19. Which RPG features the best writing?
I don't really look to RPGs for elegant writing, the same way I look to literature, and I'm often put off by games that insist on including fiction with their text.
What I really want in a game book is clear, concise prose that helps me understand the game and gives me the ideas and tools I need to run great games. For that, I don't think you can beat Avery Alder's MONSTERHEARTS (and MONSTERHEARTS 2, the recent update).
It was MH that helped me really get my head around the "Apocalypse Engine". I could easily call Vincent Baker's original AW text "the most provocative RPG writing", but I didn't really understand the game until Avery explained it to me. And the revised game is all killer, no filler. If you haven't got it already, what the heck is wrong with you?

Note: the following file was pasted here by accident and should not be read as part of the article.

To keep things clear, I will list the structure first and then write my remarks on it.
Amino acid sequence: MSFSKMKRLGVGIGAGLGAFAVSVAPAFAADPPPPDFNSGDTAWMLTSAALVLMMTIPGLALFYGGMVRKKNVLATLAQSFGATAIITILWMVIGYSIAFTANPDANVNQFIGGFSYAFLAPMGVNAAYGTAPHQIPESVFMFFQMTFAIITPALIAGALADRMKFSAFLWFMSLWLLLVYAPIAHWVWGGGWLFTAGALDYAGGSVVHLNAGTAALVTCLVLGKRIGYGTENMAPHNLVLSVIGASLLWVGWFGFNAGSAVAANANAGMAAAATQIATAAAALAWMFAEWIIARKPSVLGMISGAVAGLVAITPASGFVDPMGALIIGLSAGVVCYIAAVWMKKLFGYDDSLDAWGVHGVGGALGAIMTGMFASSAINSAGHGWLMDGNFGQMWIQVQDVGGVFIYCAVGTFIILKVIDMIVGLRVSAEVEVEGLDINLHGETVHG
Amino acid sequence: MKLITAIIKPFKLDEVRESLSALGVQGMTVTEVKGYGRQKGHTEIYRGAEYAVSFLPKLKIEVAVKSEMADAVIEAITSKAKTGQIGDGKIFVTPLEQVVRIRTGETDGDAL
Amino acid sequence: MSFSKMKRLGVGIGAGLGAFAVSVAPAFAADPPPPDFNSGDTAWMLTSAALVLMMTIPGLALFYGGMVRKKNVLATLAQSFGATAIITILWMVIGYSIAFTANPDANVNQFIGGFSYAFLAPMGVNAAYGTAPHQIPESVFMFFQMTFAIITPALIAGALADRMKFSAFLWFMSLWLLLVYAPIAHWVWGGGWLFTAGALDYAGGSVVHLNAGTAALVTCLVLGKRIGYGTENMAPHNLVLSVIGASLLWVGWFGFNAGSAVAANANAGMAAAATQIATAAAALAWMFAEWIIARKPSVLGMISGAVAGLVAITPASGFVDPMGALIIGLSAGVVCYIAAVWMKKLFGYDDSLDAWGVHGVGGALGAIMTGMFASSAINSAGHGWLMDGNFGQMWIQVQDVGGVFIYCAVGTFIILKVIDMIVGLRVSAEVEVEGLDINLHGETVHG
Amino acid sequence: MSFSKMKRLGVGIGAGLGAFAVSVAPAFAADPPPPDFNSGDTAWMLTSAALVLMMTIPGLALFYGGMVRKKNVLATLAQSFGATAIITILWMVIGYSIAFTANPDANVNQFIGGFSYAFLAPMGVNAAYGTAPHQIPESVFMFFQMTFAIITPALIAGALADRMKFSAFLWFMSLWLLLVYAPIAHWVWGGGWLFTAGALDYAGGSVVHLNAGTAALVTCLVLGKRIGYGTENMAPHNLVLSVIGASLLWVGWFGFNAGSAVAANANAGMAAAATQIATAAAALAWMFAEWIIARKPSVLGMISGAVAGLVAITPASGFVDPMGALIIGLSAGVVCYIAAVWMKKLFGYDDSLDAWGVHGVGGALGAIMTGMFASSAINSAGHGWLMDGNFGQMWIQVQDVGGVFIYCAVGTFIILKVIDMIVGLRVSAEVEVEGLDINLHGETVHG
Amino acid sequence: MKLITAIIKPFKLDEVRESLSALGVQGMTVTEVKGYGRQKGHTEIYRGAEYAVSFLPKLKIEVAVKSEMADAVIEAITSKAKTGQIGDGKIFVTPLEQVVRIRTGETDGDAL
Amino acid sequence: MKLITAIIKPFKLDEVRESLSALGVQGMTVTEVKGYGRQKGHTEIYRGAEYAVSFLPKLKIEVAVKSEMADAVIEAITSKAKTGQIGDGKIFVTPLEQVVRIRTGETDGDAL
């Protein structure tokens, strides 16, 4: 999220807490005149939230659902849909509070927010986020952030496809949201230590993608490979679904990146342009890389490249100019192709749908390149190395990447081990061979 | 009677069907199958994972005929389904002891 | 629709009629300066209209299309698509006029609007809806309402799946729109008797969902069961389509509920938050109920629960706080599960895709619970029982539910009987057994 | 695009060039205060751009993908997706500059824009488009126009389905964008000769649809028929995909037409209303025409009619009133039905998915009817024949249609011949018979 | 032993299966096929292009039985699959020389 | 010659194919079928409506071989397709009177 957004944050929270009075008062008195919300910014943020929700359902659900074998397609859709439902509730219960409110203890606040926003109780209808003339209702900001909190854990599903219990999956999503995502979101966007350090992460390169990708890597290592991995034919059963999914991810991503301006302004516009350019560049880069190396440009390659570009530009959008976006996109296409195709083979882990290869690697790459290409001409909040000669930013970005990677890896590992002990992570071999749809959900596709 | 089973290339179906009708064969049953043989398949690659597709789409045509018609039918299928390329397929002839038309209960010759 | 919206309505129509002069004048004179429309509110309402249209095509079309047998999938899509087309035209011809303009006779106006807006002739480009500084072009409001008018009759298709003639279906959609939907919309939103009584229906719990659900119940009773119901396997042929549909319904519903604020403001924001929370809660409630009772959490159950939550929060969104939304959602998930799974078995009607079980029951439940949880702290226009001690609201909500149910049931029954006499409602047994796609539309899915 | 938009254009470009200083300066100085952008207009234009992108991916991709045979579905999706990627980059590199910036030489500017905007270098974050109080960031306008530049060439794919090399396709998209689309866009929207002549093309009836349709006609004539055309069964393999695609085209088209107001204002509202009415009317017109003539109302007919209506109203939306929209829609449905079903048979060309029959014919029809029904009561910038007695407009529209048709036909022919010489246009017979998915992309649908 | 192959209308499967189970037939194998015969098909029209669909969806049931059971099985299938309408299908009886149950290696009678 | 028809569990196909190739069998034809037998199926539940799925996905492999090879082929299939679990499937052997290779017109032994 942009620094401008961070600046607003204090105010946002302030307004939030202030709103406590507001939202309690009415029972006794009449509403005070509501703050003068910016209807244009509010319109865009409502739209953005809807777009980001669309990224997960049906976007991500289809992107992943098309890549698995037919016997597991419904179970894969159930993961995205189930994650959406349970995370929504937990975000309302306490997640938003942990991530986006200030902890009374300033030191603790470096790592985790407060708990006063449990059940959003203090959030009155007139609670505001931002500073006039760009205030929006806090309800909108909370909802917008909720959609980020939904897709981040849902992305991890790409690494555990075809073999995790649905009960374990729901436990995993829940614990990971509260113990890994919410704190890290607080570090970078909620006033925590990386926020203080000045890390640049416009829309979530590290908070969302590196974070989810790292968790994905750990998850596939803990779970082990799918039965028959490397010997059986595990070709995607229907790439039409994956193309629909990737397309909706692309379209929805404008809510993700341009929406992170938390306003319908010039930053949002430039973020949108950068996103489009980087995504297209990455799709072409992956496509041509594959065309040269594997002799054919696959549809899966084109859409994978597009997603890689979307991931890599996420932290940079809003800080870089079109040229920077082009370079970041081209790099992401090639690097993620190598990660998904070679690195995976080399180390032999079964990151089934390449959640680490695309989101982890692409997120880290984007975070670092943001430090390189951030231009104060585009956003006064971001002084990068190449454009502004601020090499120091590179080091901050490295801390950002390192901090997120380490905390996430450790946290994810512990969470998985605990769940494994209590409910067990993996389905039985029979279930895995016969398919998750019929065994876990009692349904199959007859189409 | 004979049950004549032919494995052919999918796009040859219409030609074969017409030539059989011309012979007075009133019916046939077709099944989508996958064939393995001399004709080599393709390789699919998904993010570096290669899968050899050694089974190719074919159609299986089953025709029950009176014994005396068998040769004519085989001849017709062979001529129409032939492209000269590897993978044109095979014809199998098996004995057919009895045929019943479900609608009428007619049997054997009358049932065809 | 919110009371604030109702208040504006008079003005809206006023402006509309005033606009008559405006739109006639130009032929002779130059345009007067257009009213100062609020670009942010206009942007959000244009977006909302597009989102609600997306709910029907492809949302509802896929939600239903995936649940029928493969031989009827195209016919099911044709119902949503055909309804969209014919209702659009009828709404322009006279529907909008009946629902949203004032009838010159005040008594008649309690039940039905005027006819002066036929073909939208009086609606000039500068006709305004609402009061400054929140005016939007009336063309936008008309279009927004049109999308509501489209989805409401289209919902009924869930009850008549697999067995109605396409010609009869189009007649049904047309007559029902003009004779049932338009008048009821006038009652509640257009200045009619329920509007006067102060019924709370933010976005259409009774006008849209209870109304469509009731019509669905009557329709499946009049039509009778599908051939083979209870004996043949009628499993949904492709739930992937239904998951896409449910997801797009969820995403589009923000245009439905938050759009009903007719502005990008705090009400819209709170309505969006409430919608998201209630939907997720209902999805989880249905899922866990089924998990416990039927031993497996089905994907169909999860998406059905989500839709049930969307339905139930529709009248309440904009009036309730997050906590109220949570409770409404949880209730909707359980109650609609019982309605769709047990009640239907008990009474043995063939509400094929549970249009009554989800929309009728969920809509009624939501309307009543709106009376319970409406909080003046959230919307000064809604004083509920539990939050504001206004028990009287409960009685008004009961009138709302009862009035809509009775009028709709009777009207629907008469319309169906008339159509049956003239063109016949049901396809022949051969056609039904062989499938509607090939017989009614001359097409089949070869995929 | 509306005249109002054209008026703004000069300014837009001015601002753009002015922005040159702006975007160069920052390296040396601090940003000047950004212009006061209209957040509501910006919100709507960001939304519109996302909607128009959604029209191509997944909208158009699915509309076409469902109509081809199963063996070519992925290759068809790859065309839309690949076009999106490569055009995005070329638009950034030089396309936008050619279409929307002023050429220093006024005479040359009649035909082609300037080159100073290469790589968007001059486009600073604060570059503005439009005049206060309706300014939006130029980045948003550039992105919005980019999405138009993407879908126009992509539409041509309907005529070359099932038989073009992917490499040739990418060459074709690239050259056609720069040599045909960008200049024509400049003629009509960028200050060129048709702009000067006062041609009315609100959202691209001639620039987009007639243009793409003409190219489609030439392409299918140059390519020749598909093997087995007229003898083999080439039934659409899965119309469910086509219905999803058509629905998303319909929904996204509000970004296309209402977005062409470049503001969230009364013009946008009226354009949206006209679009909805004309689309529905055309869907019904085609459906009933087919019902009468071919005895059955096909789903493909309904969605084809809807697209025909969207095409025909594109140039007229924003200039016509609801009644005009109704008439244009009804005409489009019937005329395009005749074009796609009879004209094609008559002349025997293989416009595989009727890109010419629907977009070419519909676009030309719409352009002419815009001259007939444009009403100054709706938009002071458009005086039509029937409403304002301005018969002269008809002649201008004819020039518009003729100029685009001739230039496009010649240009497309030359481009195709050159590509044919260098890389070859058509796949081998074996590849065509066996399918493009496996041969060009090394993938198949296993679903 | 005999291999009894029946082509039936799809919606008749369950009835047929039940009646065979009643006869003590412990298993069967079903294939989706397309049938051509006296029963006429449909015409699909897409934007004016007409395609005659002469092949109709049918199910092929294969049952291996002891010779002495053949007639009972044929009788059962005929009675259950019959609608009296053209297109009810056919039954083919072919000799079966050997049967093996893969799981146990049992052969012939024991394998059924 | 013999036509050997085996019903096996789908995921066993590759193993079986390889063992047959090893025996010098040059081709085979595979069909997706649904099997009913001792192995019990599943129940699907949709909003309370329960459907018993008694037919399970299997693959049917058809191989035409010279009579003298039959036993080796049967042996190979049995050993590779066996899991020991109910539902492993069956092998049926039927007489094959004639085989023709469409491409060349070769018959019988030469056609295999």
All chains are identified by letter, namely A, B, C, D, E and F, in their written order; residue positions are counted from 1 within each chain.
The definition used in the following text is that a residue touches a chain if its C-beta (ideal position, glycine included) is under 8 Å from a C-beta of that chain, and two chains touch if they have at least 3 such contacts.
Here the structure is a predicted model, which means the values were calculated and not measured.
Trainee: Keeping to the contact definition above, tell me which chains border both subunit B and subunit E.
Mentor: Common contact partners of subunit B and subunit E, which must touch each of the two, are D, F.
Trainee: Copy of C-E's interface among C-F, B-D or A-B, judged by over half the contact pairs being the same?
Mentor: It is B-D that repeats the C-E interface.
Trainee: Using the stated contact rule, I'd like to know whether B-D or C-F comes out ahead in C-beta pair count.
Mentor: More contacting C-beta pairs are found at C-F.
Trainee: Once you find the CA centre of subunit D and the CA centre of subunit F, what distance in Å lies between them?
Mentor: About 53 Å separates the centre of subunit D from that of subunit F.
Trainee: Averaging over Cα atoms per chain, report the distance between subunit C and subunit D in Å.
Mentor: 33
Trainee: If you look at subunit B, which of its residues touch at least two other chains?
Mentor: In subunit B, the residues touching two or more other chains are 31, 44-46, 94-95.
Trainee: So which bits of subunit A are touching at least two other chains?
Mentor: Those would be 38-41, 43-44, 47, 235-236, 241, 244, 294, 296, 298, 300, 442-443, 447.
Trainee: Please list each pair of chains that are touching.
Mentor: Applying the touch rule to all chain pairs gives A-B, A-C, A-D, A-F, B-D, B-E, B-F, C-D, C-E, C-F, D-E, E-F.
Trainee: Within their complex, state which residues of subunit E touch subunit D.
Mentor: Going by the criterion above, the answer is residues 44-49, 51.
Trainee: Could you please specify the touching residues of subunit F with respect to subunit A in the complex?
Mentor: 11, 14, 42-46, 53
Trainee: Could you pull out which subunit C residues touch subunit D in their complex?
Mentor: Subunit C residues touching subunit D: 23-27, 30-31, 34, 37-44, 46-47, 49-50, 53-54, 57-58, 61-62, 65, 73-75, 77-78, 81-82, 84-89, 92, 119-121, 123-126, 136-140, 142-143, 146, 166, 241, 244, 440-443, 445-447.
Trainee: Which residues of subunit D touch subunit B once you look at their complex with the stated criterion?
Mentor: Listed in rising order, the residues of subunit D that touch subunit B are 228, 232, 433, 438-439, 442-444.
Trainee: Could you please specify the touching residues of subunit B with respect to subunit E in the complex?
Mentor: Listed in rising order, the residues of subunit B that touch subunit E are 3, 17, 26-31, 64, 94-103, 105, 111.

20. What is the best source for out-of-print RPGs?
I don't think there is any substitute for the serendipitous pleasure of stumbling across a game book long-sought but out-of-reach on the shelves of an obscure second-hand book store.
PDFs make a lot of the old stuff accessible, of course, and you can occasionally find a deal in the dusty depths of eBay or at a garage sale, but used book stores (and bins of second-hand games at your FLGS) are where it's at.
21. Which RPG does the most with the least words?
Hmm, I don't read a lot of micro games, but Graham Walmsley's CTHULHU DARK is pretty awesome stuff.